The attempt by LCBO workers to stop the expansion of beer, wine and canned-cocktail sales to corner stores is a little hard to figure for those who dwell in the rational world. There is absolutely no chance whatsoever that the Doug Ford government is going to go back on the expansion, which is a deal that takes effect next month.

Ford made it abundantly clear at a media availability on Wednesday that he’s not backing down on the plan. And yet, Ontario Public Service Employees Union (OPSEU) president JP Hornick says this latest bit of “privatization” is where the union has drawn its “line in the sand.” Hornick went so far as to suggest that the union was “making history.”

If only this boneheaded move was unique. In fact, the strike is a perfect illustration of the central delusion of public sector unions, the idea that they can and should dictate government policies. It’s a notion that rests on a shaky foundation of anti-business ideology and hubris. In the unions’ world, it doesn’t matter if a democratically elected government is acting on an explicit election promise. Ford promised the corner store alcohol sales in 2018 and now he’s finally delivering.

If the union thinks its tactic will garner public support, it needs to think again. Consumers have no reason to oppose more convenient retail locations and the strike is only mildly inconveniencing them. The strike will hurt the LCBO financially, but it’s not like the government relies very much on the Crown corporation’s income. Ontario anticipates $205.7 billion in total revenue this fiscal year. The LCBO typically supplies about $2.5 billion of that, just over one per cent.

The people being hurt, in addition to the workers themselves, are Ontario alcohol producers, who rely on the LCBO to sell their products, and the bar and restaurant industry, which has to get all of its supply from the LCBO.

The LCBO is responding to the strike with all the deftness and good management one would expect from a cumbersome government monopoly. The company promised that its wholesale operation would continue as usual, but it hasn’t. Restaurateurs are reporting delays and product shortages. A plan to open five stores to serve industry customers directly was cancelled after the union said it would picket the sites. Who couldn’t have foreseen that?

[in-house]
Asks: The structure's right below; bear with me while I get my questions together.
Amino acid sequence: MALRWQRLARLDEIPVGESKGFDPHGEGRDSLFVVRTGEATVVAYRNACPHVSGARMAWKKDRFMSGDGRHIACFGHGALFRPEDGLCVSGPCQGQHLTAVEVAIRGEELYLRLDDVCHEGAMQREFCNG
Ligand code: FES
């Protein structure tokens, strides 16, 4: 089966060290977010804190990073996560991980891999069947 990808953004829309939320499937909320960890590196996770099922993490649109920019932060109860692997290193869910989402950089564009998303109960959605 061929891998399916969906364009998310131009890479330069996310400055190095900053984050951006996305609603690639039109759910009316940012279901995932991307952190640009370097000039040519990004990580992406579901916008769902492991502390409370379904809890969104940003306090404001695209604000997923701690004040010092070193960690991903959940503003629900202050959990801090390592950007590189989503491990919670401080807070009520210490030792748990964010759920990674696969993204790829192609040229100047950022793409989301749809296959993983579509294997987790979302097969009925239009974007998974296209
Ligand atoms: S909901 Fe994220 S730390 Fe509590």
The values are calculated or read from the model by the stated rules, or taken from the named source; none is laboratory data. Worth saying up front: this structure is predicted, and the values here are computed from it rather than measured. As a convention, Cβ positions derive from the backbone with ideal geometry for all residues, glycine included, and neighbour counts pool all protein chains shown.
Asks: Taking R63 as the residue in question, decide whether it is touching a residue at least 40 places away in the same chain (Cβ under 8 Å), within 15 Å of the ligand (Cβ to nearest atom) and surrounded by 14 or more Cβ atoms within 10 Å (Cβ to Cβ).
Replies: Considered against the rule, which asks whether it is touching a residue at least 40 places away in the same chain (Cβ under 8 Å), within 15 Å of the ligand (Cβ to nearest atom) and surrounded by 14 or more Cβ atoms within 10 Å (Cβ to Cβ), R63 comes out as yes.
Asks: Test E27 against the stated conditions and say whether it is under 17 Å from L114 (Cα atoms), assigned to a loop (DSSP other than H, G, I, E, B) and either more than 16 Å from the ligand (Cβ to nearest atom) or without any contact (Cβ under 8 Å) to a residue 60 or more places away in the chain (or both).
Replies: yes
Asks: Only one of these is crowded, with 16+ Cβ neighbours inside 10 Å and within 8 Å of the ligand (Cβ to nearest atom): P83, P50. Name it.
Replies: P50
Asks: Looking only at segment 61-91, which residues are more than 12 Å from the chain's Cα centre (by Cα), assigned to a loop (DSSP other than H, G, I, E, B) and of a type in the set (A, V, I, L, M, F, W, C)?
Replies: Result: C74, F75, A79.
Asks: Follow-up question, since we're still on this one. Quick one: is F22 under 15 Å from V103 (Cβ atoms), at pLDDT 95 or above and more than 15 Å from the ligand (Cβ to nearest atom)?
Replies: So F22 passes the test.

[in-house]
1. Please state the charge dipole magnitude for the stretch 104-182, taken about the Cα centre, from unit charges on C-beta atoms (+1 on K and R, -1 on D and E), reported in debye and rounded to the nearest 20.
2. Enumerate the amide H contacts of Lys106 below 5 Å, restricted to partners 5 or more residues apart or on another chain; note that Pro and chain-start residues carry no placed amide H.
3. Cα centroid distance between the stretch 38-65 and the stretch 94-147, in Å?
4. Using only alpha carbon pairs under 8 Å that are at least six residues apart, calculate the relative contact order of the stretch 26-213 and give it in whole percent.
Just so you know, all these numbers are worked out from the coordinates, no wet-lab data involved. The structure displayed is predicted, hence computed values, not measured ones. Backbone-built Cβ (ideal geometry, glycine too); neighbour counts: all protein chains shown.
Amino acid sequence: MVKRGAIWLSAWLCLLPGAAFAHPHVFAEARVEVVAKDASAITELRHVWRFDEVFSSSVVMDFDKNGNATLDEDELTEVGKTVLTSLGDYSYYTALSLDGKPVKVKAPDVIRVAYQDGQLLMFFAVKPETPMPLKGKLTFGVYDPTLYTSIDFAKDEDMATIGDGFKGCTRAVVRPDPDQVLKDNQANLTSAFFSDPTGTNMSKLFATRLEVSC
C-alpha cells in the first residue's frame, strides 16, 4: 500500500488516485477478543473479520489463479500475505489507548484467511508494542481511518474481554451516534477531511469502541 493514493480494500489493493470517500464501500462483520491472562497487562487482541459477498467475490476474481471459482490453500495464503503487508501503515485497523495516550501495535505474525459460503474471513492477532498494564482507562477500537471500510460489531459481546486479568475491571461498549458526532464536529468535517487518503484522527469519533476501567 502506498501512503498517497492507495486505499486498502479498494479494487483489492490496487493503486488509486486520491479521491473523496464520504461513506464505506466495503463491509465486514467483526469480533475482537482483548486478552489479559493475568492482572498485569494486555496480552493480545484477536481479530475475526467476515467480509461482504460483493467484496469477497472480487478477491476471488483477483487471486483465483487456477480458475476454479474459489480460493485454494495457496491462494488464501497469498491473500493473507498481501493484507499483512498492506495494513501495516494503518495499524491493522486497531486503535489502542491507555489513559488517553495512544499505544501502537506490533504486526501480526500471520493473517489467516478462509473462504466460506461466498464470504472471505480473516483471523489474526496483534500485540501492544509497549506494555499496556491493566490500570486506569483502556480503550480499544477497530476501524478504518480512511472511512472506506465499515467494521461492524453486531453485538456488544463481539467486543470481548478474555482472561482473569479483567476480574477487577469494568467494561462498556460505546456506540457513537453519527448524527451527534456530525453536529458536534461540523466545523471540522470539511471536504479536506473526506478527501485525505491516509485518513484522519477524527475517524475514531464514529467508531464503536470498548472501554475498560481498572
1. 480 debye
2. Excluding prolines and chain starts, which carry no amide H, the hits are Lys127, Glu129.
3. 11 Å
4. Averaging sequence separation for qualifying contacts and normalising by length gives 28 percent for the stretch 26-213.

The disruption could hurt the wholesale customers that the LCBO, and its workers, ultimately rely on, but that seems to have eluded OPSEU. It has taken workers out on strike on an unwinnable issue, but the union hasn’t even formally responded to the LCBO’s offer on wages, benefits and job security. Those are the issues that matter most.

The union is afraid that Ford will let the LCBO wither away. Expanding retail sales opportunities might reduce LCBO retail volume, but the government has no intention of giving up an easy source of cash. “We are not privatizing the LCBO. We are not selling the LCBO,” Ford said Wednesday.

The union has been particularly irked by a move to add ready-to-drink cocktails to the original corner store plan. The premier explained the government’s situation in business terms, saying the addition “involves a very small percentage of overall sales,” that won’t hurt the LCBO. He added, “If you are a wholesaler, that’s where you make money.”

Ford reminded Ontarians that the LCBO will continue to be “the largest liquor wholesaler in the world.” Clearly, he thinks that’s something good, but looked at another way, no other jurisdiction anywhere has given itself such a large monopoly on alcohol sales. Maybe they know something Ontarians don’t.

Ford is keen on a form of retail competition, although the LCBO will still be the exclusive wholesaler and set minimum liquor prices. The LCBO’s wholesale empire will remain untouched. Should it?

Why is government involved in the booze business at all? Imagine a normal world where alcohol was just like any other product. There wouldn’t be a single wholesaler that every retailer, restaurant and bar had to rely on. If workers at Acme Booze Wholesale went on strike, customers would just move to their competitors. That’s how most of the business world works.

Instead, Ontario has a misguided union disrupting business activities, a government monopoly that can’t serve its customers, and a premier who is essentially powerless to do anything more than exhort the union to come to its senses.

Ford has come part way to rationality on the alcohol industry, certainly farther than any of his predecessors. His retail expansion is the right thing to do. The only reason to hold on to the wholesale business is revenue. Why can’t the government just settle for the taxes that alcohol wholesalers would pay? That’s the way it treats every normal business.

It’s time the premier asked himself if the booze business is worth the distraction from the government’s real work.

Randall Denley is an Ottawa journalist.
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